Another component of family-centered care is cultural competency. According to the EMS-C program, “cultural competence includes possessing the appropriate knowledge, skills, and capacity to provide emergency services to children in a manner that demonstrates respect, sensitivity, and understanding of the unique cultural differences within, among, and between groups” (EMS-C National Resource Center, 1999).
Only a few studies have been able to draw a direct link between cultural competence and health care improvement, although expert opinion strongly suggests a connection among cultural competence, quality of care, and reduced racial and ethnic disparities (Betancourt et al., 2002). These studies are not specific to pediatric patients, but cultural competency is an important issue for the emergency care system in general, not just services for children, particularly because the racial/ethnic distribution of emergency care providers is not well matched to the racial/ethnic distribution of the population, and is even less well matched to the population that uses emergency services most frequently. This disparity can only be expected to increase as the U.S. population continues to diversify at a much faster rate than most health professions and occupations (Heron and Haley, 2001; Cone et al., 2003).
One of the biggest challenges for emergency care providers is language barriers. Professional interpreters are often not available in the field or at an ED. Indeed, interpreters are frequently not used in the ED, even when thought necessary by a patient or provider (Baker et al., 1996). When providers cannot obtain adequate information from a patient interview, they tend to use more resources, such as laboratory and radiographic investigations. One study of language barriers in a pediatric ED revealed that a physician–family language barrier was associated with a higher rate of resource utilization for diagnostic studies and increased ED visit times (Hampers et al., 1999).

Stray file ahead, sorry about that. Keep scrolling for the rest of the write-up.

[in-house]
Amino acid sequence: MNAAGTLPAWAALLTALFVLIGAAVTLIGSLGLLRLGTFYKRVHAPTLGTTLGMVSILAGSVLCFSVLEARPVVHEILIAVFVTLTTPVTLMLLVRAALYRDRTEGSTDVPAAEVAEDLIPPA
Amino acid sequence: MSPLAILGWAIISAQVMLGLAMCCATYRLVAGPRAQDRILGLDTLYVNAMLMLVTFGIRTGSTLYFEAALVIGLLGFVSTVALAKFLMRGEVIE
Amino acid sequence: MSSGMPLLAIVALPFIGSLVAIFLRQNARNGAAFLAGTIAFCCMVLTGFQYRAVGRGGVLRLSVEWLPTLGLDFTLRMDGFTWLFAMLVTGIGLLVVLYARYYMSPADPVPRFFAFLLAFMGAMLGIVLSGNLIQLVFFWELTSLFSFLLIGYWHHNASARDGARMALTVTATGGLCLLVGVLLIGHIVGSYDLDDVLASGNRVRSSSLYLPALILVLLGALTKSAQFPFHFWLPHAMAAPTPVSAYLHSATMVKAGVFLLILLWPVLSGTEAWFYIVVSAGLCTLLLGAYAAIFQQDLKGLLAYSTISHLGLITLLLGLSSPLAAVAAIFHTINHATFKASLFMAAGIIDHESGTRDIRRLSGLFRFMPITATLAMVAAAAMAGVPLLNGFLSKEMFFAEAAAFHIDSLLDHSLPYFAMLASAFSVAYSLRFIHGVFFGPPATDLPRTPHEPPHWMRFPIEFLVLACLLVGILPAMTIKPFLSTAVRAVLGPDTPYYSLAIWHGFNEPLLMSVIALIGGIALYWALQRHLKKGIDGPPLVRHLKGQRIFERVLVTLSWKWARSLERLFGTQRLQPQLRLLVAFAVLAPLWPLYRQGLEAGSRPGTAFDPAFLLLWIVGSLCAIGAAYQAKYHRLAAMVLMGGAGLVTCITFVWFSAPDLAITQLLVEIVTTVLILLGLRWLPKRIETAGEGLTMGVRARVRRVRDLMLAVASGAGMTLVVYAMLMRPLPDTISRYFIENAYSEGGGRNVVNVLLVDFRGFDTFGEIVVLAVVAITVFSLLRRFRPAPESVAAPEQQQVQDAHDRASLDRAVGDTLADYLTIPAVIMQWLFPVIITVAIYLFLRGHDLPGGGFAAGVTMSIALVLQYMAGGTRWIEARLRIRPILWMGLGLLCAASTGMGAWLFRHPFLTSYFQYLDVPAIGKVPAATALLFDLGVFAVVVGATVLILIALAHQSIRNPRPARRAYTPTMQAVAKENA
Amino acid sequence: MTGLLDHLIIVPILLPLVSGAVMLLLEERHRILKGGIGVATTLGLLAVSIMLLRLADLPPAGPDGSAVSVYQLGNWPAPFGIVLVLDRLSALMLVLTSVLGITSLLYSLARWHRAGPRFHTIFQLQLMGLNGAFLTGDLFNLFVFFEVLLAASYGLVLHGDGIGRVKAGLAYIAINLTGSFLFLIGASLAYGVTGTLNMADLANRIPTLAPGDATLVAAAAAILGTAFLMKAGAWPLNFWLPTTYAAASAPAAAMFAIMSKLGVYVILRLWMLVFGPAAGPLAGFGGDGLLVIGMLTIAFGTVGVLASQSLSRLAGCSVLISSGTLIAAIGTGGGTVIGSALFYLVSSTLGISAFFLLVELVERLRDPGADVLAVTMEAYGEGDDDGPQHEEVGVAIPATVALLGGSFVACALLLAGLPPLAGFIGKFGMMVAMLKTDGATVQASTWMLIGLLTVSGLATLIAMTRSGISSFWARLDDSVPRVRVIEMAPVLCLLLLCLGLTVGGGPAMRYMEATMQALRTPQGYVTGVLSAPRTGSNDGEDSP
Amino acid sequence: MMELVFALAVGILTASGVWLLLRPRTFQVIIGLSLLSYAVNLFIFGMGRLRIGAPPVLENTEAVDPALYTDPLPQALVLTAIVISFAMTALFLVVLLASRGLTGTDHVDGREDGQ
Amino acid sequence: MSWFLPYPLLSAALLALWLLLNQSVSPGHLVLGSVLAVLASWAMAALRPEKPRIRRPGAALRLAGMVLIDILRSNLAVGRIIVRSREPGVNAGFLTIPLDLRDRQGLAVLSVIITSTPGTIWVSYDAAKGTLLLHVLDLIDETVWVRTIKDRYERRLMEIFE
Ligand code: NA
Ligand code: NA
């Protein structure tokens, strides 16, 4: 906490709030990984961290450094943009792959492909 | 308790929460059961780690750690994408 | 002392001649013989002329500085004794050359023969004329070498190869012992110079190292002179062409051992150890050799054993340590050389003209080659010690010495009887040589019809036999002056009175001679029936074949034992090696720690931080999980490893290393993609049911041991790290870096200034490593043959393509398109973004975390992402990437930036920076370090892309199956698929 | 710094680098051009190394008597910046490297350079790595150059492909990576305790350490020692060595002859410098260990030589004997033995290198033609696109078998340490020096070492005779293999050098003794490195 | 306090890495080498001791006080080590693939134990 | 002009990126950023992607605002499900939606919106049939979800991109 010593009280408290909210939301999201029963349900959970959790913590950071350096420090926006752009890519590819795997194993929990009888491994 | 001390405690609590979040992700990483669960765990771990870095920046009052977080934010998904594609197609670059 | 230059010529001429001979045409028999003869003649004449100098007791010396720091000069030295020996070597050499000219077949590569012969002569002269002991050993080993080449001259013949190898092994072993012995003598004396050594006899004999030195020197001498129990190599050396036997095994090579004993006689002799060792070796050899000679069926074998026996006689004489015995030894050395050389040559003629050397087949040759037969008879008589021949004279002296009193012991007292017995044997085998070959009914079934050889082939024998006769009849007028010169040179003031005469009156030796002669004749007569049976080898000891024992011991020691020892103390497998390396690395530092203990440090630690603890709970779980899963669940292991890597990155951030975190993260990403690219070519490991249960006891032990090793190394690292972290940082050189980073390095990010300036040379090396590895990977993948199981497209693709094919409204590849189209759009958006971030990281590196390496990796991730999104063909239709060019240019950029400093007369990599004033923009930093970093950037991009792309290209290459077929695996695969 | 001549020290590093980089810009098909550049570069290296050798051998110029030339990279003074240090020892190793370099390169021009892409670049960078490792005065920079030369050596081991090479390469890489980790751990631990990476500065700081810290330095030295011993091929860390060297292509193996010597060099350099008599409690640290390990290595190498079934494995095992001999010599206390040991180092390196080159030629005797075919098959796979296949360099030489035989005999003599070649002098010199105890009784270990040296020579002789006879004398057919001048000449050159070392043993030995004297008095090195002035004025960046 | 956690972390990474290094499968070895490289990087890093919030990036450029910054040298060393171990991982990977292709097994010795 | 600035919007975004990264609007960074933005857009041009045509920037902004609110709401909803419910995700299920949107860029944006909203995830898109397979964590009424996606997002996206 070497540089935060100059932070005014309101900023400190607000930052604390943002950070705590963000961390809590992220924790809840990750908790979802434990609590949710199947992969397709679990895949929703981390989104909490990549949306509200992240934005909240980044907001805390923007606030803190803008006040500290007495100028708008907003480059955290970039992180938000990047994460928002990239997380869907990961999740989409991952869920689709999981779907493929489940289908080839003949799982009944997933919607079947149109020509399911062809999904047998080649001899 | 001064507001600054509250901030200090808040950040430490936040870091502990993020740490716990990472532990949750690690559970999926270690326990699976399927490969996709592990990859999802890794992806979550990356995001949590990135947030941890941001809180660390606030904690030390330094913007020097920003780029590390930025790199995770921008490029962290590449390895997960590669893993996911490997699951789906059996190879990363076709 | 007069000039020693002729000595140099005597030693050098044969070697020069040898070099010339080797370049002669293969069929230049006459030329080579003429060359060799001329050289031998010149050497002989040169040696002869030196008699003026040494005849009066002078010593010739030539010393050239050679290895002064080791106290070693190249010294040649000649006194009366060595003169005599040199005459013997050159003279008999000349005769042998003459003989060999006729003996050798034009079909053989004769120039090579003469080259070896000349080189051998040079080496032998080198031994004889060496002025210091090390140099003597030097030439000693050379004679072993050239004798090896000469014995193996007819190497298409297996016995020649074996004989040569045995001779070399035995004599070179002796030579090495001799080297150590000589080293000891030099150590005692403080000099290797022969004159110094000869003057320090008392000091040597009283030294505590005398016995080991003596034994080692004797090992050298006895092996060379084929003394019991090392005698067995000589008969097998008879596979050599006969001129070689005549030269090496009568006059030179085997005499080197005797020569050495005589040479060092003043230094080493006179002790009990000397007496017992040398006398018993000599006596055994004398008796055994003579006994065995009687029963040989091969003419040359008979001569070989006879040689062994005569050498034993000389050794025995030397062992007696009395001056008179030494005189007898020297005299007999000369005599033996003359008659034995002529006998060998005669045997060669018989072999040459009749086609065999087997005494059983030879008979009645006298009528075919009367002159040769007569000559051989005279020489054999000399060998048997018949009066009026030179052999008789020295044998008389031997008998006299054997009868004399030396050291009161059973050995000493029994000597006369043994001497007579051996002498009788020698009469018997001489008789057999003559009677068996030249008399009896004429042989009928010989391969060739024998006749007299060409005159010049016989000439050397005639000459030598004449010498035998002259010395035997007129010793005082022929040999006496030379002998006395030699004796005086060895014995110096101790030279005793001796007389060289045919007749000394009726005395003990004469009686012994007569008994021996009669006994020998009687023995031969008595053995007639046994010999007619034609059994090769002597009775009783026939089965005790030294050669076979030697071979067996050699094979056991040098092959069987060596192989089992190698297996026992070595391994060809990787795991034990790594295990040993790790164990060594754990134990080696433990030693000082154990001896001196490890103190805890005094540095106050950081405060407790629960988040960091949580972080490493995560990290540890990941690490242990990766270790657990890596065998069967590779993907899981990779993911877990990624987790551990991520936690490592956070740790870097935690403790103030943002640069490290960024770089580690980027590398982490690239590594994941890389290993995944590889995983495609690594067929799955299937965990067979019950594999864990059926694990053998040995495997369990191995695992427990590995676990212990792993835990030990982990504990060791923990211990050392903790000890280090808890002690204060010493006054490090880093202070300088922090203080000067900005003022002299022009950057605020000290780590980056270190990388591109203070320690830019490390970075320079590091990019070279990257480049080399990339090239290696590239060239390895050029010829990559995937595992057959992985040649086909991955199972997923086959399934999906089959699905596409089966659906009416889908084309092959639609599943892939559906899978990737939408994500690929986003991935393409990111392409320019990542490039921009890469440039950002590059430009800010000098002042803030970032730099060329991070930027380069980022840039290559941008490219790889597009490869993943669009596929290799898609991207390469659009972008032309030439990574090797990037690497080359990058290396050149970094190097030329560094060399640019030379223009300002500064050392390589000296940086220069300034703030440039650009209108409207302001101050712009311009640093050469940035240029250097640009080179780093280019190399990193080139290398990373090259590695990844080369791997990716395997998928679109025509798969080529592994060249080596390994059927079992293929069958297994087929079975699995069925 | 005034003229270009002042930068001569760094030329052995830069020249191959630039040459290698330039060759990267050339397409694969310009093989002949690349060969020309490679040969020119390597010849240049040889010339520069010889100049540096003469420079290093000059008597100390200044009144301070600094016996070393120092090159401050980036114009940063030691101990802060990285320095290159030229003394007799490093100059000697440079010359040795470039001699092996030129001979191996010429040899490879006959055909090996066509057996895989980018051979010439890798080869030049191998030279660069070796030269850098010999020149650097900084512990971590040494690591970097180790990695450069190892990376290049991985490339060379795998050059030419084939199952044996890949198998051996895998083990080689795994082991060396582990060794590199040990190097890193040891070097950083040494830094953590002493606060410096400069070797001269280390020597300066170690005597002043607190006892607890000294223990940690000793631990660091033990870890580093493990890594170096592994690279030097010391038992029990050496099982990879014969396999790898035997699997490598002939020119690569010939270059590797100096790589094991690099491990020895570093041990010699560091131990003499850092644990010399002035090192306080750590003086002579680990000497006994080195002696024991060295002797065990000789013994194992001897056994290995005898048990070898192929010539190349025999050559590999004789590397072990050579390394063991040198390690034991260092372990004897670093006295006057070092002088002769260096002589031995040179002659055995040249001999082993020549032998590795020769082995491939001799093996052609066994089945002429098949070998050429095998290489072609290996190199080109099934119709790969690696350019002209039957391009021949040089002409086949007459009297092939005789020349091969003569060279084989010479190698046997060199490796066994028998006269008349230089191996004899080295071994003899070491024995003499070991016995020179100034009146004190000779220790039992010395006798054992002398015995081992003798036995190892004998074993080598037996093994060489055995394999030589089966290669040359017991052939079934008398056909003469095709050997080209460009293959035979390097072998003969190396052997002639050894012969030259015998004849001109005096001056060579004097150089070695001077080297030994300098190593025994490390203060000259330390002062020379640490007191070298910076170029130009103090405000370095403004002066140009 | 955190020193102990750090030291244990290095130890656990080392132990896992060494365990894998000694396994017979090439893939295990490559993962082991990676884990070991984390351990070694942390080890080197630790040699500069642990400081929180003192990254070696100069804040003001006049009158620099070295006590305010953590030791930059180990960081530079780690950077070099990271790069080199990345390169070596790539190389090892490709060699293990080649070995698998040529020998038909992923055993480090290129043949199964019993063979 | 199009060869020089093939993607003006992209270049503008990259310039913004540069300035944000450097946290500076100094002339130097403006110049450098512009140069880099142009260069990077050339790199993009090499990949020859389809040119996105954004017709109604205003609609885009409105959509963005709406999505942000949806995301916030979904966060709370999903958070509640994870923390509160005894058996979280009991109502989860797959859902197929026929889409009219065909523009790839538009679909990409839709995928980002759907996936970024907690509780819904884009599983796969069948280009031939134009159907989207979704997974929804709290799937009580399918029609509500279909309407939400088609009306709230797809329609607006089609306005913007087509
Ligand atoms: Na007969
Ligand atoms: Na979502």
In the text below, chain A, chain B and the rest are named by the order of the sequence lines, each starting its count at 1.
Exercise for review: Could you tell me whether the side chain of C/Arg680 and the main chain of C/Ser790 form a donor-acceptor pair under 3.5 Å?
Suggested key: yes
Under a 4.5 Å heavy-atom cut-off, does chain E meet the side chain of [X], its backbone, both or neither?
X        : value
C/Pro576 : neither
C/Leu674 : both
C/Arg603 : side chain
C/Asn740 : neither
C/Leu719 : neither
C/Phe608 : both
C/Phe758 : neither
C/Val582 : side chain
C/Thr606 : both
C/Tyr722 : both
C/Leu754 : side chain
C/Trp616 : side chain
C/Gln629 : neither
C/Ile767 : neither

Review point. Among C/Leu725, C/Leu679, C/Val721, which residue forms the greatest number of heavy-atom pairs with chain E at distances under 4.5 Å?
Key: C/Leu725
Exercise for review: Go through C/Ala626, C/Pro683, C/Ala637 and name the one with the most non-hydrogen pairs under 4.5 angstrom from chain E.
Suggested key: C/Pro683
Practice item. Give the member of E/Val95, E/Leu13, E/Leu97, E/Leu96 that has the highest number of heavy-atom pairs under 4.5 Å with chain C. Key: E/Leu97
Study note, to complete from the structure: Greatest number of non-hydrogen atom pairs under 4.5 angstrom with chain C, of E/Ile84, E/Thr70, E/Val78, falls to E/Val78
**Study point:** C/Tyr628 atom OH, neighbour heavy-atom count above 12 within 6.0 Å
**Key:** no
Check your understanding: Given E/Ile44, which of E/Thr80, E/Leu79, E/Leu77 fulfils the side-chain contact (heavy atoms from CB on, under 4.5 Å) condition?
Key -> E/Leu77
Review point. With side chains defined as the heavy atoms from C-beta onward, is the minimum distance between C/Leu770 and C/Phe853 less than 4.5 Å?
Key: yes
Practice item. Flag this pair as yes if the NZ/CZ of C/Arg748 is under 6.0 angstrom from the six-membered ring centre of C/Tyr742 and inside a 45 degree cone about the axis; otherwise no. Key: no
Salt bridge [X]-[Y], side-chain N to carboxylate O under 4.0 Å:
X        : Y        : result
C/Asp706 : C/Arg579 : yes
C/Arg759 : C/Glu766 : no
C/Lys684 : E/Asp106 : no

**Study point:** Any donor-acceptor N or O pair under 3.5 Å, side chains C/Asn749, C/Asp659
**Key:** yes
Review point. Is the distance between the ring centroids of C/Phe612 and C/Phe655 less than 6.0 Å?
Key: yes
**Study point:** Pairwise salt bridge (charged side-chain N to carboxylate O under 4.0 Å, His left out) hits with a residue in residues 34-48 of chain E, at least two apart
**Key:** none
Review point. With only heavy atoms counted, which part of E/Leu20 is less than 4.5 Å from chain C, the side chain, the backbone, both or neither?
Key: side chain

One special concern is the use of children as interpreters for their own care or the care of their parents/guardians when they speak English but their parents/guardians do not. Use of children as medical interpreters is common practice in many areas with large immigrant populations (Burke, 2005); often, however, the information that needs to be interpreted is beyond children’s comprehension and may be inappropriate for them (Yee, 2005). Children assuming this role take on a heavy emotional responsibility. Additionally, use of an untrained interpreter can lead to medical errors. In one study, the error rate was highest for the youngest interpreter, an 11-year-old (Flores et al., 2003). Some states have regulations that prevent children from serving as medical interpreters for their parents/guardians, but these rules may not apply in emergency situations. The traditional subordinate role of children can be reversed when they are used as interpreters, and in some